Updated with management plans to submit capital return request to Fed.
- Citigroup reported first quarter GAAP earnings per share of 95 cents. Excluding one-off items, earnings per share were $1.11
- Revenue came in at $19.4 billion, down slightly from the year-ago quarter. Excluding items, revenue was $20.217 billion
- Analysts were expecting an earnings per share of $1 on revenues of $19.81 billion, according to Thomson Reuters
The bank was also hit by an accounting CVA/DVA loss of $1.3 billion or 27 cents per share from the tightening spreads on its own debt. Adjusted for these items, "core" earnings per share came in at $1.11 per share, while revenues came in at $20.2 billion. In addition the bank profited from a reserve release of $1.2 billion, though this was 65% lower than the prior period. Analysts were expecting an earnings per share of $1 on revenues of $19.81 billion, roughly flat with the year-ago quarter's performance. Most analysts likely excluded the one-time gains/losses from asset sales. Some include DVA/CVA items, while others do not, making it hard to tell if this was a "clean" beat for Citigroup. But the market appears to be treating it as a solid beat. Shares were last trading up 1.6% at $33.94 in afternoon trades, after trading nearly 3% higher earlier in the session. Initial reaction from analysts to the earnings appeared to be positive. Nomura's Glenn Schorr said it was a"well rounded" quarter, noting the rebound in securities and banking, continued loan and deposit growth and decent expense control among other positives. Other analysts including Matt Burnell at Wells Fargo Securities and Richard Staite at Atlantic Equities also highlighted positive operating leverage, as expenses declined sequentially while topline expanded. Spiraling expenses has been a cause for concern for most analysts covering Citigroup. Revenues from its core business , Citicorp, decreased 1% to $18.03 billion on a year-on-year basis. Sequentially, revenues were up 15%. For a more detailed look at how Citi's revenue performance stacked up, check out Citigroup Earnings Tell a Solid Revenue Story. The bank reported continued loan growth, with end- of- period loans at Citicorp grew 12% over the year-ago quarter and 2% sequentially. Global consumer banking, its largest driver, rose 1% sequentially and 5% year-on-year to $10.01 billion. CFO John Gerspach said during a media conference call that credit quality in Asia was "better than you would expect it to be".
He added that loan demand in emerging markets continued to grow. While there were pockets of growth in loans in the U.S. and the developed world, there still wasn't a "broad-based" demand for lending with the Eurozone struggling and the U.S. recovery still sluggish. Securities and banking rebounded strongly from a dismal fourth quarter, rising 65% to $5.275 billion on a sequential basis. On a year-on-year basis, revenues were still down 12%. Excluding CVA/DVA, revenues from trading and investment banking were up 6% year-on-year at $6.7 billion. Fixed income trading drove the division's performance, with revenues excluding accounting gains rising 19% from the year-ago quarter and jumping up nearly three-fold sequentially. Equity trading revenues also saw a manifold jump on a sequential basis, although it was still down 18% year-on-year, faring poorly when compared to JPMorgan Chase ( JPM), which saw equity trading revenues drop only 4%. Operating expenses at Citigroup was flat at about $12.32 billion but down 7% on a sequential basis. Expenses have been spiraling for Citigroup, which remains in an investment mode and has been affected by foreign exchange fluctuations. Like its peers it has also had to cope with rising legal expenses. Gerspach said during the conference call that the bank had wrapped up most of its incremental spending and that investors can expect to see expenses flat to lower in upcoming quarters. Citi Holdings, which houses the bank's non-core assets, continues to be in wind down mode and now accounts for 11% of Citi's assets, compared to about 40% in 2008. Winding down Citi Holdings successfully is crucial, as it represents both a drag on the bank's earnings as well as its capital targets. Reports that the bank might explore selling its entire stake in joint venture Morgan Stanley Smith Barney in May and not just a 14% stake have surfaced in recent months. Gerspach refrained from discussing negotiations but pointed out that the joint venture was part of Citi Holdings. "Just by its placement, it means it is not part of our long-term strategy," Gerspach said in the media call.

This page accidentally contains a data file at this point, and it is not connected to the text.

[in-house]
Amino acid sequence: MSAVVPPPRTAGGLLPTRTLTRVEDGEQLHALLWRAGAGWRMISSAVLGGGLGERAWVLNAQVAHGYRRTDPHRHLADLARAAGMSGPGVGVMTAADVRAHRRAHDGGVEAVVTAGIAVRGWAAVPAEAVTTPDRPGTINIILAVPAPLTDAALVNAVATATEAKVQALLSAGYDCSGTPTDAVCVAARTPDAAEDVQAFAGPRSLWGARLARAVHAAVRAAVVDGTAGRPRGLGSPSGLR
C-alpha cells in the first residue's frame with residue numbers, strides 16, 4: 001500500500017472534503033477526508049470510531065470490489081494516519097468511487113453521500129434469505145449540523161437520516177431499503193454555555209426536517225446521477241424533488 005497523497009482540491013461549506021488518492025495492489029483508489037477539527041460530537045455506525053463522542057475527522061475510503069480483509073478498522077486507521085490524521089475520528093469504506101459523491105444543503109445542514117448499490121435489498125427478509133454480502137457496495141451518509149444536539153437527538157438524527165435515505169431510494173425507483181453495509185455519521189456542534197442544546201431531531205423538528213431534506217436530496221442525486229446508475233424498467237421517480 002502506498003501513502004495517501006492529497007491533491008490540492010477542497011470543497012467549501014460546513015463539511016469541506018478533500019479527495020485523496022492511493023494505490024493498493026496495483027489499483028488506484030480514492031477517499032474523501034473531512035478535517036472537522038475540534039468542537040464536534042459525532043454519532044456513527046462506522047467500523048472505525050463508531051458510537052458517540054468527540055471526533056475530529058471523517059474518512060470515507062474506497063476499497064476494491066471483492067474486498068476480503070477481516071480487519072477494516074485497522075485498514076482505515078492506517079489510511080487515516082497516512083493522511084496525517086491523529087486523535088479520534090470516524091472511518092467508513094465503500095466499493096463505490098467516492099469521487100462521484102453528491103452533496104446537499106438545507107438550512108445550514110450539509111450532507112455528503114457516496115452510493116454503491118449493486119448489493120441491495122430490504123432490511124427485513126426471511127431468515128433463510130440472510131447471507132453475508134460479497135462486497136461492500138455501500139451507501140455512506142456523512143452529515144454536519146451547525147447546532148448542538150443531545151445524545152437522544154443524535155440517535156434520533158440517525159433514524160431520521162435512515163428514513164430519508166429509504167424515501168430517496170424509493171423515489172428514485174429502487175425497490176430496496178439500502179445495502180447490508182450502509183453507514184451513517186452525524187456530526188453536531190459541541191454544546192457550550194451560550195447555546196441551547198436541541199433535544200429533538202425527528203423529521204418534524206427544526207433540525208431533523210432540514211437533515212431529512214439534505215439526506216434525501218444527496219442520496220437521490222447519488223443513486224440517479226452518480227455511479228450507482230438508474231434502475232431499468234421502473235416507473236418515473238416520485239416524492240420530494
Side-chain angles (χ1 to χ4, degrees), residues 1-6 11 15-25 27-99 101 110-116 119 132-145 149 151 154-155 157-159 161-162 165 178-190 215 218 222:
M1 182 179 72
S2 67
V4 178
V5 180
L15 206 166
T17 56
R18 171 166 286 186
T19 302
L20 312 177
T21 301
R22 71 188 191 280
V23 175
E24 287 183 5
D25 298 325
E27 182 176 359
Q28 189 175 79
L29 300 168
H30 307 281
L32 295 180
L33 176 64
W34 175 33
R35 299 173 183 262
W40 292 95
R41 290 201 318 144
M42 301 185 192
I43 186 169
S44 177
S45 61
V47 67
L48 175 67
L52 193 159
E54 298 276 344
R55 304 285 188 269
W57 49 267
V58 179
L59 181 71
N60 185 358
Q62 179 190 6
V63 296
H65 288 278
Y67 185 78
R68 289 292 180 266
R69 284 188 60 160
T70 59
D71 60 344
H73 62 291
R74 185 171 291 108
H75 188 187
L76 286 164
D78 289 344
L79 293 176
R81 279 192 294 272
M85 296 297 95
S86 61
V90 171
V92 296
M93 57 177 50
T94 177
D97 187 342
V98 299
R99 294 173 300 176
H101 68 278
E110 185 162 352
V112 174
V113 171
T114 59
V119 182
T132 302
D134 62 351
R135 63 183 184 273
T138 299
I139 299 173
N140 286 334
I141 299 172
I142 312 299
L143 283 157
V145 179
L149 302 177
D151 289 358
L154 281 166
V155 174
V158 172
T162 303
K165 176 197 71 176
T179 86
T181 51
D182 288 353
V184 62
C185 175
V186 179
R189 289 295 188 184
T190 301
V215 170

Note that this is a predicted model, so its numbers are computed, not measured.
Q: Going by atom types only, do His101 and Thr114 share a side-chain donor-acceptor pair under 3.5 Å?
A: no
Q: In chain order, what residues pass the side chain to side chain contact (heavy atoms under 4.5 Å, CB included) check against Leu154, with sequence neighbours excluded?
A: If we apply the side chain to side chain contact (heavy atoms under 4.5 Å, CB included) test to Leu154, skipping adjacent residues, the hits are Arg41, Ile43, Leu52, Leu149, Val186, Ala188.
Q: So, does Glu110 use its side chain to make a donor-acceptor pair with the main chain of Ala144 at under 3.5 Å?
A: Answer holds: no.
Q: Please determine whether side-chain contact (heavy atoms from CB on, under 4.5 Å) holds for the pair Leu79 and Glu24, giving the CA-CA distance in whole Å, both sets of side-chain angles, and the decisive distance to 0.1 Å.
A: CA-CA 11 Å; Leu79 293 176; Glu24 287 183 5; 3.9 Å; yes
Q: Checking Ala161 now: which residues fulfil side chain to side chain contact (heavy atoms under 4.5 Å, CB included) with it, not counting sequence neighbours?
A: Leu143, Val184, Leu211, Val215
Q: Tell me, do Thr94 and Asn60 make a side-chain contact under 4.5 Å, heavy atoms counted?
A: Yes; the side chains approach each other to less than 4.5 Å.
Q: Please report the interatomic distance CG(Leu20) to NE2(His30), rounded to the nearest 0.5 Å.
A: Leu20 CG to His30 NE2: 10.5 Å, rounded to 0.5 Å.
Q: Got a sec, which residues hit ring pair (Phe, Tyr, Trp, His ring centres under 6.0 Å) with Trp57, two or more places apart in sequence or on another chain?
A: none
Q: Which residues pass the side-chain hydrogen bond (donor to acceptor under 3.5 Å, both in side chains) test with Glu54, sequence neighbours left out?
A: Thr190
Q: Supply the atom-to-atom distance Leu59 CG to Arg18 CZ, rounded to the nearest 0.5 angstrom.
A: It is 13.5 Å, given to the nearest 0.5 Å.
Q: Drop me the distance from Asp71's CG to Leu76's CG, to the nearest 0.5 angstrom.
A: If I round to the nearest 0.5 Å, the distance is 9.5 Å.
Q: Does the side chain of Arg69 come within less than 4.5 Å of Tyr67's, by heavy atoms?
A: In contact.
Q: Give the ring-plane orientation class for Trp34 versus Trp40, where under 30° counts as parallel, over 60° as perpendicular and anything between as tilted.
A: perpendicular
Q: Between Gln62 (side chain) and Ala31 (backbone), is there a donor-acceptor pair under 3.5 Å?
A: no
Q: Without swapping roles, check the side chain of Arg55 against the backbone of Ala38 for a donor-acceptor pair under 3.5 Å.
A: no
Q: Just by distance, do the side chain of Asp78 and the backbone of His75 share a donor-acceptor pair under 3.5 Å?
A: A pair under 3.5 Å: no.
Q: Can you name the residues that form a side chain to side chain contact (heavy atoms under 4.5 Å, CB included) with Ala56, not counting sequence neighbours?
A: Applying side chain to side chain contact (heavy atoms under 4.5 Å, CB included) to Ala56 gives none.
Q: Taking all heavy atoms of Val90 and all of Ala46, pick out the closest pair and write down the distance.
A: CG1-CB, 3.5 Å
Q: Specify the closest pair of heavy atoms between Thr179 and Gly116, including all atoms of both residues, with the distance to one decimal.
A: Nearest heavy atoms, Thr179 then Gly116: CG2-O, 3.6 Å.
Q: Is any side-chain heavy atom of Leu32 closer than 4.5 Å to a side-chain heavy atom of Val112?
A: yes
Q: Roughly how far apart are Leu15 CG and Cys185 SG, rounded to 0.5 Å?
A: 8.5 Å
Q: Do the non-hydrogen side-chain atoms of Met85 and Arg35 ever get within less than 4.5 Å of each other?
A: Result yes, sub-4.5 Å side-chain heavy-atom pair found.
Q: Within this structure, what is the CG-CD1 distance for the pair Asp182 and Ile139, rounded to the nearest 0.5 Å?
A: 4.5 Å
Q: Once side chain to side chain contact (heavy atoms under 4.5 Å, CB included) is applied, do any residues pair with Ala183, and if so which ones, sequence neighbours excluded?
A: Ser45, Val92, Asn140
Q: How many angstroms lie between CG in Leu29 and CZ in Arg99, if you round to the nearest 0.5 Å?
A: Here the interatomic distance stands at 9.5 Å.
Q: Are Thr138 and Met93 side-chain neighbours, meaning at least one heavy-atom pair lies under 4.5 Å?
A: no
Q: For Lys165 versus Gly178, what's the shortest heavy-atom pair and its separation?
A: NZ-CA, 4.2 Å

The bank reported a tier I Capital ratio under Basel I of 12.4%, up from 11.8% at the end of the fourth quarter. It also revealed for the first time that its estimated Basel III Tier I Common Capital ratio was 7.2%. The bank has said it will achieve a Basel III Tier I Common target of above 8% by year-end, irrespective of whether or not Morgan Stanley buys a 14% stake in the MSSB joint venture. While the management highlighted revenue growth and positive operating leverage in its key businesses, its outlook on the environment remains cautious. "While the operating environment improved in the first quarter, there is still much macro uncertainty and we will continue to manage risk carefully. We will continue to leverage the depth and the scale of our global presence to serve our clients and grow our businesses," said Pandit in a prepared statement. Shares of Citi are up 30% in 2012, despite the stress test disappointment. The stock still trades at half its book value of $ 61.90 and at 66% of its tangible book value. -- Written by Shanthi Bharatwaj from New York